How she maintains a work/life balance: Is there life outside Copresco? Luckily, since my husband had been in printing, including management several years before me and has only recently retired, he knows what kind of time and energy are required in this business, so we make the most of the time we are together, and he understands those late nights that happen so often.
Final thoughts: Comments that I receive from customers are gratifying. The following was one mentioned in an article in Overnight Lite, Copresco’s newsletter: “I first met Lynn Buck when I took over Innovative Graphics,” recalls Copresco client Kelley Foulk. “I soon discovered after working with her on my first project what a gem Copresco has! Lynn is one of the most intelligent, knowledgeable and experienced people in the industry.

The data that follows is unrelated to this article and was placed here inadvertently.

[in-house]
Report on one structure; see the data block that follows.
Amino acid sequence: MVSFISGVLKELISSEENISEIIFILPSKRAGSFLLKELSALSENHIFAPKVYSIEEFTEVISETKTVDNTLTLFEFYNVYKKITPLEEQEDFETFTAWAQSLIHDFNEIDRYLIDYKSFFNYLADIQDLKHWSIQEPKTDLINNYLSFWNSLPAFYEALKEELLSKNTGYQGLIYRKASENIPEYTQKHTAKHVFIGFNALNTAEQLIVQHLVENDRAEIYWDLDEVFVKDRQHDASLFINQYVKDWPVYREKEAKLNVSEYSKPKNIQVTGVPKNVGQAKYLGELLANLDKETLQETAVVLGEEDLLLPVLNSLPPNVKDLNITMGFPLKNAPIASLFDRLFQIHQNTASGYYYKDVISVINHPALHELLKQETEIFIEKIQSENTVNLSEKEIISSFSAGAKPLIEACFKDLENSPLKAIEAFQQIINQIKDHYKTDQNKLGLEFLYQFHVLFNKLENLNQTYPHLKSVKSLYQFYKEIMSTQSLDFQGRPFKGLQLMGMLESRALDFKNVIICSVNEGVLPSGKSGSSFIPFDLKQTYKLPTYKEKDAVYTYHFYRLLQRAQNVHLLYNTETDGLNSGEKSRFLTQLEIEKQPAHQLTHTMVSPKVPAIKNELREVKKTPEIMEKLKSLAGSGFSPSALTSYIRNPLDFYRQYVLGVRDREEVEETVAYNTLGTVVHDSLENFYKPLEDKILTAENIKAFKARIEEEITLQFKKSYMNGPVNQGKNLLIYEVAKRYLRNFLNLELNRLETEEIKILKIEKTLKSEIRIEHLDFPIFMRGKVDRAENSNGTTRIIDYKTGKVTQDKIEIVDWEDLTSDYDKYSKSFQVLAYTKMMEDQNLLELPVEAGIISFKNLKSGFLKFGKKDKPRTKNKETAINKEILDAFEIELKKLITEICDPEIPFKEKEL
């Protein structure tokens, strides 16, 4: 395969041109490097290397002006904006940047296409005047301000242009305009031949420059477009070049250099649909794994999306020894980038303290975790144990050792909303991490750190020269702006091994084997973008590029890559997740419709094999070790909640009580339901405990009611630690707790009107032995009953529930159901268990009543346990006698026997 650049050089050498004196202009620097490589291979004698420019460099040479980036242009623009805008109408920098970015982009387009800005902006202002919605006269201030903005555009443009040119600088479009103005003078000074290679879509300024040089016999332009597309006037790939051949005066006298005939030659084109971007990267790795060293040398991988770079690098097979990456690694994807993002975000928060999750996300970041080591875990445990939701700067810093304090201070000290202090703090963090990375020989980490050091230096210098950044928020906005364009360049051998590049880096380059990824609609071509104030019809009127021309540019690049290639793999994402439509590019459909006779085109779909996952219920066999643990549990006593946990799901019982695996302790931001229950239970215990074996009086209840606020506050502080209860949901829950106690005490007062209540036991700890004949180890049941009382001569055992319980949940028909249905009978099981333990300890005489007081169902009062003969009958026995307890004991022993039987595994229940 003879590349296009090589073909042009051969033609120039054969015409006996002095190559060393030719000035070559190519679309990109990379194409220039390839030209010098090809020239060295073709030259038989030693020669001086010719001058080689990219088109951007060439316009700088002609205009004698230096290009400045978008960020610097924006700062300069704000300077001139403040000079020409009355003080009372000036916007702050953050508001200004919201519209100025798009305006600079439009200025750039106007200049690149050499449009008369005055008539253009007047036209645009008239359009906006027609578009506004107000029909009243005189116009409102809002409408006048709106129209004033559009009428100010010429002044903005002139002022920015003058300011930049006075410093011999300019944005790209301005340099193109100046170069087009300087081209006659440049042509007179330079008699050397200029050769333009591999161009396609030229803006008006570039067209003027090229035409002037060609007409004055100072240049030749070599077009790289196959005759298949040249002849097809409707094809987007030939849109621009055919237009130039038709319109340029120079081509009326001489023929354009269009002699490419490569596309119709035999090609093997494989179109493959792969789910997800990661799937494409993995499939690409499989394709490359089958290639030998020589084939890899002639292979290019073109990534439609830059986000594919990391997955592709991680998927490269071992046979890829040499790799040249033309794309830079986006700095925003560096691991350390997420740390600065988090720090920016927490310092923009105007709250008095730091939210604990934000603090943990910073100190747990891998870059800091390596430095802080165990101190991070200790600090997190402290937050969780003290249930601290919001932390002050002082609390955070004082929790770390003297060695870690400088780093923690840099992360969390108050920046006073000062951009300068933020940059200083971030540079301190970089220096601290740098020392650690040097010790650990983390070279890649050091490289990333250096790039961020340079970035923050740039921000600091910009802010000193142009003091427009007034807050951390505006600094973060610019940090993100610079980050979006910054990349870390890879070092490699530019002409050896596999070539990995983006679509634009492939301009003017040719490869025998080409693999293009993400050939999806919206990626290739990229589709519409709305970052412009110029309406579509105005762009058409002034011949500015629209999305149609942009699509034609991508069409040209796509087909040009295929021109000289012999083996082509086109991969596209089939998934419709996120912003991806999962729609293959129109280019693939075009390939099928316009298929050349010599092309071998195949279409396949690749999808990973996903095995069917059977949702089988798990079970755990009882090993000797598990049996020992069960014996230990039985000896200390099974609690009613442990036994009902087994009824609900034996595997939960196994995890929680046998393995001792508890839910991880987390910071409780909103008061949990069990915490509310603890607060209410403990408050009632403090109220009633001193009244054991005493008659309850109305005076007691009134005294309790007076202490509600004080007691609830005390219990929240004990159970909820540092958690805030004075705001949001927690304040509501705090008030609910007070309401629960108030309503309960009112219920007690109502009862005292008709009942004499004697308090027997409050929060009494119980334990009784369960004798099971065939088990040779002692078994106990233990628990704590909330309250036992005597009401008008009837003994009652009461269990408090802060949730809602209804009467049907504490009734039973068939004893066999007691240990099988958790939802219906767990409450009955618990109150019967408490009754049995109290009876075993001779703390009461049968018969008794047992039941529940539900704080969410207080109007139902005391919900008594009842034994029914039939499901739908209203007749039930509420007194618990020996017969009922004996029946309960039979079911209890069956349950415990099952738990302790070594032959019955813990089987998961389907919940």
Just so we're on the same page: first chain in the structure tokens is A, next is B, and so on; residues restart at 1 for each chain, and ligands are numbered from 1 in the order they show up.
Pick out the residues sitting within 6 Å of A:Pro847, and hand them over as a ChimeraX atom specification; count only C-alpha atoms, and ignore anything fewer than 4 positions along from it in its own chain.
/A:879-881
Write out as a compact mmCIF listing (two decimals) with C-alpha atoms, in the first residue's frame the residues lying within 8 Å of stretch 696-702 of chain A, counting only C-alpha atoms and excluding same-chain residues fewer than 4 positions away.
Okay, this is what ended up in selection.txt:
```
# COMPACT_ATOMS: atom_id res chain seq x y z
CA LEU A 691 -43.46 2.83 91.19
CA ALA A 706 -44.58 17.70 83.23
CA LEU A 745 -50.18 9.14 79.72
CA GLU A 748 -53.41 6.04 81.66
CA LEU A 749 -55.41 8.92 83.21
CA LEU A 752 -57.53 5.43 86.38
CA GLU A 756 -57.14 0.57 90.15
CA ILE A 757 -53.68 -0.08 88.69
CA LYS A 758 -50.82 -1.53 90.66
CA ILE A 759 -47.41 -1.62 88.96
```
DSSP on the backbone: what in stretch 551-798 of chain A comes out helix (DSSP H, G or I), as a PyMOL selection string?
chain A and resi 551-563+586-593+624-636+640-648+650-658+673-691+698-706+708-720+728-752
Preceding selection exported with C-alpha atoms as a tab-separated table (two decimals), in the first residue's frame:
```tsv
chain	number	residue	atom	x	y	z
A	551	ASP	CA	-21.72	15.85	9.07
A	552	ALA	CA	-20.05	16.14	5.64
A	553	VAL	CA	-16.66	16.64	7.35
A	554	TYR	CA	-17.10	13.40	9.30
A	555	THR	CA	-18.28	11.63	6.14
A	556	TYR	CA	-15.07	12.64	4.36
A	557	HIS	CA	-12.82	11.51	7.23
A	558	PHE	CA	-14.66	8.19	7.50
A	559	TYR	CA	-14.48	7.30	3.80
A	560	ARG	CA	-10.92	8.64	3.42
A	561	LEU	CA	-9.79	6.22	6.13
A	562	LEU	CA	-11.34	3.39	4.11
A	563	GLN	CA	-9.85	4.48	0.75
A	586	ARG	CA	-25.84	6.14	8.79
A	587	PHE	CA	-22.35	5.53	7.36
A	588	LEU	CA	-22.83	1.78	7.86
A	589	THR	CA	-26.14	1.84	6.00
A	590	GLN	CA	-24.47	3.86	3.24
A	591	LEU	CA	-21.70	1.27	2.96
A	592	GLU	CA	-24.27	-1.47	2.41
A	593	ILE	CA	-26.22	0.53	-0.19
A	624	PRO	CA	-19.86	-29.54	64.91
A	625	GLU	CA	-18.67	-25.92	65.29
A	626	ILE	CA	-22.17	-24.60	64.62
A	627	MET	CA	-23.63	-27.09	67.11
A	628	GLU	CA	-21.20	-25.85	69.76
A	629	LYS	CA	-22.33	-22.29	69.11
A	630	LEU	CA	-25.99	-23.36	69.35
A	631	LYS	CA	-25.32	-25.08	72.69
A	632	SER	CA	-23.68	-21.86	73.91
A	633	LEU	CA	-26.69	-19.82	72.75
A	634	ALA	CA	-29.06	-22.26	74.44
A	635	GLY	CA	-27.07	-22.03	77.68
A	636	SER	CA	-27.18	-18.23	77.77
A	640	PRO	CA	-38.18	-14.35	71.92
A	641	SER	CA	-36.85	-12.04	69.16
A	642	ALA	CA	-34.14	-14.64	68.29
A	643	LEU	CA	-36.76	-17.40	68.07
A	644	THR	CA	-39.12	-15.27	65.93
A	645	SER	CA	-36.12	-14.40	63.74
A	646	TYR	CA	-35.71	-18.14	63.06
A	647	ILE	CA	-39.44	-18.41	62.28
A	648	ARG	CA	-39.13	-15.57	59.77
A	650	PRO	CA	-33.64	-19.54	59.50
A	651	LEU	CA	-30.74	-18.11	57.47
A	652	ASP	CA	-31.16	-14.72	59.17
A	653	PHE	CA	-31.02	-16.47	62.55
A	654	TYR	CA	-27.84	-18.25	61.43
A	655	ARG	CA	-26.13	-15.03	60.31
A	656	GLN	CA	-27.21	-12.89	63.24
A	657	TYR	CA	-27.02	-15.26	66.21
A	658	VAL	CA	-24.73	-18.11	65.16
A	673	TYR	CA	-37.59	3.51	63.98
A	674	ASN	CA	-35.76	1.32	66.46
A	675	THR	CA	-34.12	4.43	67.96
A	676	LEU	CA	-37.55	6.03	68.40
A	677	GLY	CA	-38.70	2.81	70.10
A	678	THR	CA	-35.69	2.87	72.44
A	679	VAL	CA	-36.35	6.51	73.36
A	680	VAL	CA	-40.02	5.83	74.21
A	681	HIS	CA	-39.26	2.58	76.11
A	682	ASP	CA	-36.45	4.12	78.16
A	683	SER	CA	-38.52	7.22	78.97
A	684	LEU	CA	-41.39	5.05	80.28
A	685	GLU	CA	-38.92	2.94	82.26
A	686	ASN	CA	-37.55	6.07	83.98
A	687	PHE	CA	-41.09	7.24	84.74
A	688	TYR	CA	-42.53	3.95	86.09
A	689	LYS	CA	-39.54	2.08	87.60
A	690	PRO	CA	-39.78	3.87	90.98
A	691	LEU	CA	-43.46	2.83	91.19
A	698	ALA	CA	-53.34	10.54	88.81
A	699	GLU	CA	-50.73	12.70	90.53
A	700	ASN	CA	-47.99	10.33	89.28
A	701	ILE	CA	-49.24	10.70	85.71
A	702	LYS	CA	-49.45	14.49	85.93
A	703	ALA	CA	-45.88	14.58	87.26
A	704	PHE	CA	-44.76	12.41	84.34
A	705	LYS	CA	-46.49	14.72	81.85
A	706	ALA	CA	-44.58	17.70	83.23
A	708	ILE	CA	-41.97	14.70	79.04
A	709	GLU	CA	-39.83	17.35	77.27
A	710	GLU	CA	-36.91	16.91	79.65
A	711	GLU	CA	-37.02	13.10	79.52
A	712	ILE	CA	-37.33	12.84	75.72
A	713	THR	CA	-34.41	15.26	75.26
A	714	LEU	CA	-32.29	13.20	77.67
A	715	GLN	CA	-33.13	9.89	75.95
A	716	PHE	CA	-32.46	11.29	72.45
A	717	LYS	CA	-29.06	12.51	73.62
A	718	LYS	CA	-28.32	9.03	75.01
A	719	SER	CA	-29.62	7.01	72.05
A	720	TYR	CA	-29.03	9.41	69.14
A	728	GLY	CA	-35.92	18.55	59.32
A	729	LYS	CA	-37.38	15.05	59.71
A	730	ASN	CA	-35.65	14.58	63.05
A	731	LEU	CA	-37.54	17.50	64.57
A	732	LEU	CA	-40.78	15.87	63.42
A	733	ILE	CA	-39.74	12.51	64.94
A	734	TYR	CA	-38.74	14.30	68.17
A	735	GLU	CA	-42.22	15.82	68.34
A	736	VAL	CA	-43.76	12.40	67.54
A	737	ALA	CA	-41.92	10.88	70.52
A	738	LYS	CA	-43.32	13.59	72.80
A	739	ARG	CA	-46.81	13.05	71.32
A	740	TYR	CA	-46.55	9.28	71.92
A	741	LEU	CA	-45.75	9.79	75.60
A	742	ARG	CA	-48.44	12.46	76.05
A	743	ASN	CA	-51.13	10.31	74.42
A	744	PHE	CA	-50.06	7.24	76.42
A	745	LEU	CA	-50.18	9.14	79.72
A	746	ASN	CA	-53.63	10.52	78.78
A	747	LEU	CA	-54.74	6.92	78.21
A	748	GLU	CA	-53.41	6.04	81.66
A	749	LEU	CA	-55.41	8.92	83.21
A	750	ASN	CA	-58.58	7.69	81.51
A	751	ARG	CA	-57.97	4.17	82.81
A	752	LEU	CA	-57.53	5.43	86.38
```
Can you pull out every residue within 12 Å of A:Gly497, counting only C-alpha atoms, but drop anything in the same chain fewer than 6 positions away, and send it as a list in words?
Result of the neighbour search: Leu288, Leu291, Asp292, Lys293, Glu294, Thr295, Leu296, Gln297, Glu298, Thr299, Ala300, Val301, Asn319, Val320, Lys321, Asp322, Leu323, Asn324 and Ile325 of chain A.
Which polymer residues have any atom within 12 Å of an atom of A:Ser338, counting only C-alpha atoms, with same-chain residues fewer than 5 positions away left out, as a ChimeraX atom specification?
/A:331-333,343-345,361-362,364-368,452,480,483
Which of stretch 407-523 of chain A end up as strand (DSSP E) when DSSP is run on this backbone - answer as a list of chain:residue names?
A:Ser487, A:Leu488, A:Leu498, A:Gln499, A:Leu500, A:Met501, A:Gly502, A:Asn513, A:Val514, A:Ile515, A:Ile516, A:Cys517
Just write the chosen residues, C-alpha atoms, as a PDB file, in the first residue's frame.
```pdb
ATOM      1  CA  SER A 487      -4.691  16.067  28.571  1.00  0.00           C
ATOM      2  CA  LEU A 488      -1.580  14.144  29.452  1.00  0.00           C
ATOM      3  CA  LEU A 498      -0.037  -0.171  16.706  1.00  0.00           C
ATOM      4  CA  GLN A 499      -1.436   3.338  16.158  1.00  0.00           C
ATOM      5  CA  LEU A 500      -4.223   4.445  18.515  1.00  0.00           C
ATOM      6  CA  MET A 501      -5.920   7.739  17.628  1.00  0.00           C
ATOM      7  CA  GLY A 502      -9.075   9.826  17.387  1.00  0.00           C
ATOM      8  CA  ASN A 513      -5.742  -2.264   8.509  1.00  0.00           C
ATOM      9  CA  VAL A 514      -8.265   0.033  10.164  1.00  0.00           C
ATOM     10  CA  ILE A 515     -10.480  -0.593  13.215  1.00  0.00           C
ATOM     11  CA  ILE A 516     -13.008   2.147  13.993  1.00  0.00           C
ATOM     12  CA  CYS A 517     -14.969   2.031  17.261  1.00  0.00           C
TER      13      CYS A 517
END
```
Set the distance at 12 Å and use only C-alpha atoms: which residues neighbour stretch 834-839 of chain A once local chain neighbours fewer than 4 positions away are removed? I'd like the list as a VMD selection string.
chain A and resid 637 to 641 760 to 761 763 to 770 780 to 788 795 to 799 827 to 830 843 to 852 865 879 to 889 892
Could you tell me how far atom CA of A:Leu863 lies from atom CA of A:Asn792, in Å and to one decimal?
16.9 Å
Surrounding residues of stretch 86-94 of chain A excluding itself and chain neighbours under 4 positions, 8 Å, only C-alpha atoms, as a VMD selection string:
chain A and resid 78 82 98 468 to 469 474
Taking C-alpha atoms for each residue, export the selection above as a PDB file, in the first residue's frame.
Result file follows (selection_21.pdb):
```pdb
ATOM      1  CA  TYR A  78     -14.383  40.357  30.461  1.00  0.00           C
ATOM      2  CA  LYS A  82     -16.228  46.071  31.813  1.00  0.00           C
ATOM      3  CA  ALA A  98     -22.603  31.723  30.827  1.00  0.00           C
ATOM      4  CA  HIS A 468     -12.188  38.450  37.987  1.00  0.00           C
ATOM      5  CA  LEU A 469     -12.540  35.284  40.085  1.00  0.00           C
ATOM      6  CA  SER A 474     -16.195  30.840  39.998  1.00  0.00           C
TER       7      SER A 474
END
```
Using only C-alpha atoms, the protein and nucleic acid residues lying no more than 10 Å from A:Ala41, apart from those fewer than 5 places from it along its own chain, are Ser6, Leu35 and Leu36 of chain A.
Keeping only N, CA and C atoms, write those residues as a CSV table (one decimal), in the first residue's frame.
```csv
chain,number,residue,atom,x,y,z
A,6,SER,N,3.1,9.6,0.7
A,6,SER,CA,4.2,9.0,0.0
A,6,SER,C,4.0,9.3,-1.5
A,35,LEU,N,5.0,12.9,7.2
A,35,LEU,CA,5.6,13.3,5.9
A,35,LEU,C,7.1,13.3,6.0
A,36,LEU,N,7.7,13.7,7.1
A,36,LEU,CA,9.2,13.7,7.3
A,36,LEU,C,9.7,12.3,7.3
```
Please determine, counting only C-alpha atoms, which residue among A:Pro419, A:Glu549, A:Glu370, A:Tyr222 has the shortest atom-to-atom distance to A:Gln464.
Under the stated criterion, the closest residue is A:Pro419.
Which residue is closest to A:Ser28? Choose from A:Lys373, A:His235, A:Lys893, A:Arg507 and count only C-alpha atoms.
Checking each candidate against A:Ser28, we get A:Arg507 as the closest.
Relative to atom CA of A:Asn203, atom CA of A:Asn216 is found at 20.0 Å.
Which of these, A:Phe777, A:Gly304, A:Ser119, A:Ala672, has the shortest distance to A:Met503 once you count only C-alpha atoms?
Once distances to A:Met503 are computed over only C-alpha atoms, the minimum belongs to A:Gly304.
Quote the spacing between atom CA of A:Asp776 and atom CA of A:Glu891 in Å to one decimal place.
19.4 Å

“She is very dedicated to her profession and always goes above and beyond with the rest of the Copresco staff to help meet my deadlines,” Foulk added. “I always feel 100 percent confident when handing a project off to her that it’s in great hands and will be a perfect product upon completion.”